The Commerce Department's Patent and Trademark Office today announced it will make patent information available on the Internet via the PTO home page at no charge to the public. Simultaneously, PTO will begin to engage the public in a dialogue to gain input into how the agency can maximize the potential of its dissemination programs. PTO will then use this input to prepare an overall dissemination plan.
The new service will be available November 9, 1995 and will provide more than 20 years of searchable patent bibliographic text data, approximately eight gigabytes of information.
Information from the Patent and Trademark Office, one of the nation's premier scientific organizations with several thousand highly trained examiners and over 5 million patents, represents a vast treasure of technological information. This new service reflects the continued efforts by the PTO to use information technology as a tool for sharing and disseminating information with its customers so that this vast treasure can be used to facilitate increased innovation, economic growth, and competitiveness.
Information is already disseminated though a variety of PTO programs administered by the PTO's Office of Information Dissemination. PTO's efforts to use information technology to share and disseminate information is reflected in the establishment of videoconferencing capabilities at the Sunnyvale Center for Innovation, Invention, and Ideas in Sunnyvale, Calif., which allows our customers on the west coast to meet with PTO examiners without travelling to Washington, D.C. Internet access to PTO information is consistent with existing PTO practice which provides access to the same bibliographic data on CD-ROMs, in the Public Search Room, in Patent and Trademark Depository Libraries throughout the nation, and on the PTO bulletin board service. This new service is evidence of PTO's commitment to foster the creation and growth of private sector commercial information resellers. As a result of this new service, individual inventors and innovators in areas not readily accessible by the Patent and Trademark Depository Library system will be able to do limited initial searches to determine whether or not a more extensive search is necessary at a PTDL or through a private source.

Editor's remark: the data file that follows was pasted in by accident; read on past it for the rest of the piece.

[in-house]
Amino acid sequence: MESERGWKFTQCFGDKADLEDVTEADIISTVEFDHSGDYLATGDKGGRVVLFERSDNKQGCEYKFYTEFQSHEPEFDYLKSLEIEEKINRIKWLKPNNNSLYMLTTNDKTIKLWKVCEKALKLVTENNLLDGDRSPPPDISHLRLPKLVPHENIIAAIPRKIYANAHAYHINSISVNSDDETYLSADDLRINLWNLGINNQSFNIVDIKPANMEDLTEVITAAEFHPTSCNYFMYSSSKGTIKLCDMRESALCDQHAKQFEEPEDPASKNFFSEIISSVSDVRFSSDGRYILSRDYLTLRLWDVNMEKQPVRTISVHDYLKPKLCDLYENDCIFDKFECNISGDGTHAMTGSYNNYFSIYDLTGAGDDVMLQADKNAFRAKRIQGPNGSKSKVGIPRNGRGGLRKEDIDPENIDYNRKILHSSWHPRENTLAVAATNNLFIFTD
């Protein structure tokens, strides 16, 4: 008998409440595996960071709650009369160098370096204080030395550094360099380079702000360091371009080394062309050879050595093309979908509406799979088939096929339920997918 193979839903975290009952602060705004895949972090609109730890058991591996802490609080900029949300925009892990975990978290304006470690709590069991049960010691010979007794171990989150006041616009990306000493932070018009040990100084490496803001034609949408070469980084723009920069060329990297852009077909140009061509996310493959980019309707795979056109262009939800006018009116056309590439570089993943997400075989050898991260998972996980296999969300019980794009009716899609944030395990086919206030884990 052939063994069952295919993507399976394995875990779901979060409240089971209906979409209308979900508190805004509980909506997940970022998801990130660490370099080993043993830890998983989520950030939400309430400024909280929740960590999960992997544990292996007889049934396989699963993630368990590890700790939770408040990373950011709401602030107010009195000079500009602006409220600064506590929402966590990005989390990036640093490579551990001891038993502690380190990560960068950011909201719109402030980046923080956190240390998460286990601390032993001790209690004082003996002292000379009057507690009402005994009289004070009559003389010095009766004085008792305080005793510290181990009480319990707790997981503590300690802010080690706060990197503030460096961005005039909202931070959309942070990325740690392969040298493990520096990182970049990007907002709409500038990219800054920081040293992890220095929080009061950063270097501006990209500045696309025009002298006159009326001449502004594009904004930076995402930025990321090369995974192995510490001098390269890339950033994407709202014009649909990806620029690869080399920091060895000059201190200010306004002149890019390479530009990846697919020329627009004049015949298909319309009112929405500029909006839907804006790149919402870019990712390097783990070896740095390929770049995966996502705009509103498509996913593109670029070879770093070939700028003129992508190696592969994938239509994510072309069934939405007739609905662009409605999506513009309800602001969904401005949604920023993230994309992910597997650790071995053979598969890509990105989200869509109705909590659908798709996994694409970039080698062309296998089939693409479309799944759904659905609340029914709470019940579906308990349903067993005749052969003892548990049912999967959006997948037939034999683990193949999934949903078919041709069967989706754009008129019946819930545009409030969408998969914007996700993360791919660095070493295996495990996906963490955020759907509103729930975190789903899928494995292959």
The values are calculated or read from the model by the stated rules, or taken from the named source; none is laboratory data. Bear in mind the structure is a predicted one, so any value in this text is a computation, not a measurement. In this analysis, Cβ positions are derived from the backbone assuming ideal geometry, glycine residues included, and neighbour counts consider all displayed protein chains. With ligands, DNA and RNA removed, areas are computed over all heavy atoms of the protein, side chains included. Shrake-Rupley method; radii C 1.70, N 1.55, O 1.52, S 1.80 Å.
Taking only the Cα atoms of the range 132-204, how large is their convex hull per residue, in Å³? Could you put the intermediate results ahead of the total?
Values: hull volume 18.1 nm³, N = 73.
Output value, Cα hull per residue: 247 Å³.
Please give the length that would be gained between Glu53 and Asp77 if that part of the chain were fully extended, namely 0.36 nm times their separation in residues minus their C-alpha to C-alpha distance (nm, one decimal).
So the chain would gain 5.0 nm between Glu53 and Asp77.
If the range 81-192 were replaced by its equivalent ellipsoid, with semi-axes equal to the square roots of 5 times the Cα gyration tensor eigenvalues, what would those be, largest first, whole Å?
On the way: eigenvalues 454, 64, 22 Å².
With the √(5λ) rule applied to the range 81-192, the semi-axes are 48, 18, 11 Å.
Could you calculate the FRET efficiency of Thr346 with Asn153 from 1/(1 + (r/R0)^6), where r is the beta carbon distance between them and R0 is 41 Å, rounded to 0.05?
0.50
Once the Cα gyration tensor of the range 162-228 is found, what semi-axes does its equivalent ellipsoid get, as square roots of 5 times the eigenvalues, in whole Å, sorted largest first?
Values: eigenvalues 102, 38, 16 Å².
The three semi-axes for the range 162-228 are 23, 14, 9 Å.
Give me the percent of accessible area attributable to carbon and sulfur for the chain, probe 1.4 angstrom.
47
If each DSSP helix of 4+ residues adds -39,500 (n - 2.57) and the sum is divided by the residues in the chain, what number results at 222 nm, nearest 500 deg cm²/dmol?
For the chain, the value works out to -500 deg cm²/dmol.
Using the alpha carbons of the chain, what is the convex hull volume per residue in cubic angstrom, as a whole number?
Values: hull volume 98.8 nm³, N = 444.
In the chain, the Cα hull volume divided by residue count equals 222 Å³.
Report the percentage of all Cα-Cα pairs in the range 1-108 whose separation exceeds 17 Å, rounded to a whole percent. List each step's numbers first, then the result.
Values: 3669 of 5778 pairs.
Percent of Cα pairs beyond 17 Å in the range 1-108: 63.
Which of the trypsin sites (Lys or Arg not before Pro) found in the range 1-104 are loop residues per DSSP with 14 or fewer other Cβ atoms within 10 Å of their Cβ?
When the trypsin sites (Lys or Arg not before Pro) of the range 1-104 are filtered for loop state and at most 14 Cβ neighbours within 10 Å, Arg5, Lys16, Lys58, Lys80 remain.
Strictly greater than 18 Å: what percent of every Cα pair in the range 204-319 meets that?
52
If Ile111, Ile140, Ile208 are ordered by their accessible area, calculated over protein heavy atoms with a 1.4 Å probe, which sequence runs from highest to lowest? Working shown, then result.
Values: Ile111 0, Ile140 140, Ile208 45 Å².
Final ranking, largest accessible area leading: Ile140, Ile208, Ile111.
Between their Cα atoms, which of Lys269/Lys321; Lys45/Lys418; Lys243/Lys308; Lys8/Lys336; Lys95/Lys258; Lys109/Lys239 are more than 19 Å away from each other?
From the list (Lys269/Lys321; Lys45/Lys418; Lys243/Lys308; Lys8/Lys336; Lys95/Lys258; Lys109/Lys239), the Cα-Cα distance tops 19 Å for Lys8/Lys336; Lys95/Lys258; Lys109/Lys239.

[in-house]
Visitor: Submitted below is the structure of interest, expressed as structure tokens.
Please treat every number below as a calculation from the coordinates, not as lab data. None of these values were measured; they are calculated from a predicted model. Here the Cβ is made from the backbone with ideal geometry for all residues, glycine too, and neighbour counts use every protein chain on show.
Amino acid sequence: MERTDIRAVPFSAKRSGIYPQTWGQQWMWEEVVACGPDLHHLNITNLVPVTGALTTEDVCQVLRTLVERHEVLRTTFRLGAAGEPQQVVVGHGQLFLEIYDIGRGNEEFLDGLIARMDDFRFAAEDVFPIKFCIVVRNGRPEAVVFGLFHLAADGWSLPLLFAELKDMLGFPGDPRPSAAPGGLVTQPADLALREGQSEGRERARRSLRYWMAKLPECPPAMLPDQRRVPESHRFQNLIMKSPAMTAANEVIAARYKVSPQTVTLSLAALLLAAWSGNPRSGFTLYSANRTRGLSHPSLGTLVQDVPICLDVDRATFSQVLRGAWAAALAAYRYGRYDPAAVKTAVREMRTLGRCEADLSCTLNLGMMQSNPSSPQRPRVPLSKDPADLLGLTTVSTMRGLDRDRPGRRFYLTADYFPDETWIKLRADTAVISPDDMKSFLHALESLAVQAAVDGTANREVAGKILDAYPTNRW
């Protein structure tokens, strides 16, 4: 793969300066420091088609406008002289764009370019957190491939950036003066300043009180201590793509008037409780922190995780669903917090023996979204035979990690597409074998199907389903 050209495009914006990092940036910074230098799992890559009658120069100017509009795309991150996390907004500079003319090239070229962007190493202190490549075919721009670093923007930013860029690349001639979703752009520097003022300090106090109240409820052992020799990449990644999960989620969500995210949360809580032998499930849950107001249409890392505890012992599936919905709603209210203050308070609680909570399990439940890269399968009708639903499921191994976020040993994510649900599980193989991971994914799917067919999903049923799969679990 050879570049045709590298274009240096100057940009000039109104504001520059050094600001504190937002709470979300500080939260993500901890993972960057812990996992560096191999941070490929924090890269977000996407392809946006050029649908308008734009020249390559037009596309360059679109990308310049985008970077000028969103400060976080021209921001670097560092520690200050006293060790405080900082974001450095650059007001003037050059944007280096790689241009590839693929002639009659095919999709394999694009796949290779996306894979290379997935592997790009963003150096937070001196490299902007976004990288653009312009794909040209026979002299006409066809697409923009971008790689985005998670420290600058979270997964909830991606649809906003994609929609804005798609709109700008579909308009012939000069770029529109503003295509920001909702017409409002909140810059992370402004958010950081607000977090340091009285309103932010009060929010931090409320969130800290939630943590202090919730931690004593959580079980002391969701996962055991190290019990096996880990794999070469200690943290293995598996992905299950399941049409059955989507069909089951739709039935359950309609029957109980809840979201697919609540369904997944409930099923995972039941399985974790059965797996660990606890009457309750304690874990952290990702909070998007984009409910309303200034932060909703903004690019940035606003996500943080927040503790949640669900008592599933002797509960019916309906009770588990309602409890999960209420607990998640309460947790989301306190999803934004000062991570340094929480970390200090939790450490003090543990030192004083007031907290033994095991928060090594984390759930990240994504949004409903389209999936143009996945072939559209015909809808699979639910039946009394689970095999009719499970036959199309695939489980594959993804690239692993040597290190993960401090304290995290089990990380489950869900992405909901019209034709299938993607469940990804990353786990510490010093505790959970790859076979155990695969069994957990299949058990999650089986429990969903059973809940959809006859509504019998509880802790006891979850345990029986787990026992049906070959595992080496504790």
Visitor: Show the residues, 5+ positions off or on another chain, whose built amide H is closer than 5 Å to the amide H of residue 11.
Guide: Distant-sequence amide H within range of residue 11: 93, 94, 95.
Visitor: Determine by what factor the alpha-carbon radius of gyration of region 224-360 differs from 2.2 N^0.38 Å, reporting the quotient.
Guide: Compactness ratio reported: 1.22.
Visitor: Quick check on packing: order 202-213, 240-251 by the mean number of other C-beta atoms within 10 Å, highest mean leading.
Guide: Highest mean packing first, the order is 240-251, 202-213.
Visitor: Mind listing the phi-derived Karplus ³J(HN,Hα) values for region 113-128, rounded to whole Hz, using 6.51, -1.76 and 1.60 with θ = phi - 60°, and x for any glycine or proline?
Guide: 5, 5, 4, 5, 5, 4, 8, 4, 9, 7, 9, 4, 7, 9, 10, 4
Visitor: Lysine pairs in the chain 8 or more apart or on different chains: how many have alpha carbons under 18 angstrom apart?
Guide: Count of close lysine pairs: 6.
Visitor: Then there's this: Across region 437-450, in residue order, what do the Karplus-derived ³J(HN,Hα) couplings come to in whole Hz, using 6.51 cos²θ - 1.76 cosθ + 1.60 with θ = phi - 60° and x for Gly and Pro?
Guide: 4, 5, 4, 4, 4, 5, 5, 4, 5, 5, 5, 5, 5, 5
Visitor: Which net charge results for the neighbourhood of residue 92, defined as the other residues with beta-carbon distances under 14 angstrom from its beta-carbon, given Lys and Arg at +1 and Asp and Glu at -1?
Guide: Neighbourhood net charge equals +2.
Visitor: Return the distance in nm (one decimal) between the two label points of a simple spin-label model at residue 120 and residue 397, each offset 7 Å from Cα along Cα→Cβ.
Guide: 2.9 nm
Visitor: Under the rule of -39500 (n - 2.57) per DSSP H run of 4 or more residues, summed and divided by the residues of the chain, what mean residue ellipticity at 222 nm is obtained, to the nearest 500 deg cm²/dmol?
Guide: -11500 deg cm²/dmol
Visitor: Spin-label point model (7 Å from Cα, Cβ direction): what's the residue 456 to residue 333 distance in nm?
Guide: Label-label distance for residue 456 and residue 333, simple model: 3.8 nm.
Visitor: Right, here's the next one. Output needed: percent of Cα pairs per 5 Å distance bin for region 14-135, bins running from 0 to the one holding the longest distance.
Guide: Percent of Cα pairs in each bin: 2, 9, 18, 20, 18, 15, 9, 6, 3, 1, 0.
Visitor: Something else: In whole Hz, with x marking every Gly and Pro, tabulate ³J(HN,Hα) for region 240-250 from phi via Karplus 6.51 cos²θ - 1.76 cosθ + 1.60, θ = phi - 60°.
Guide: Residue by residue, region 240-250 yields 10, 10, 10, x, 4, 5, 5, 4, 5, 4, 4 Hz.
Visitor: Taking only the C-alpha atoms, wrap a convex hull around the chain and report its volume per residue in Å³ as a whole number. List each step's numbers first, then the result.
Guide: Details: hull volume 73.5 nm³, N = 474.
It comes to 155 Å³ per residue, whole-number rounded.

PTO believes that the new service will spur the creation and growth of commercial online services to provide full text searching on the Internet.
"Since the inception of the American patent system in 1790, our mission has been to promote the progress of science and the useful arts," PTO Commissioner Bruce Lehman said. "This new service will give our customers a new way to access important government information which will help foster technological innovation and increased economic growth."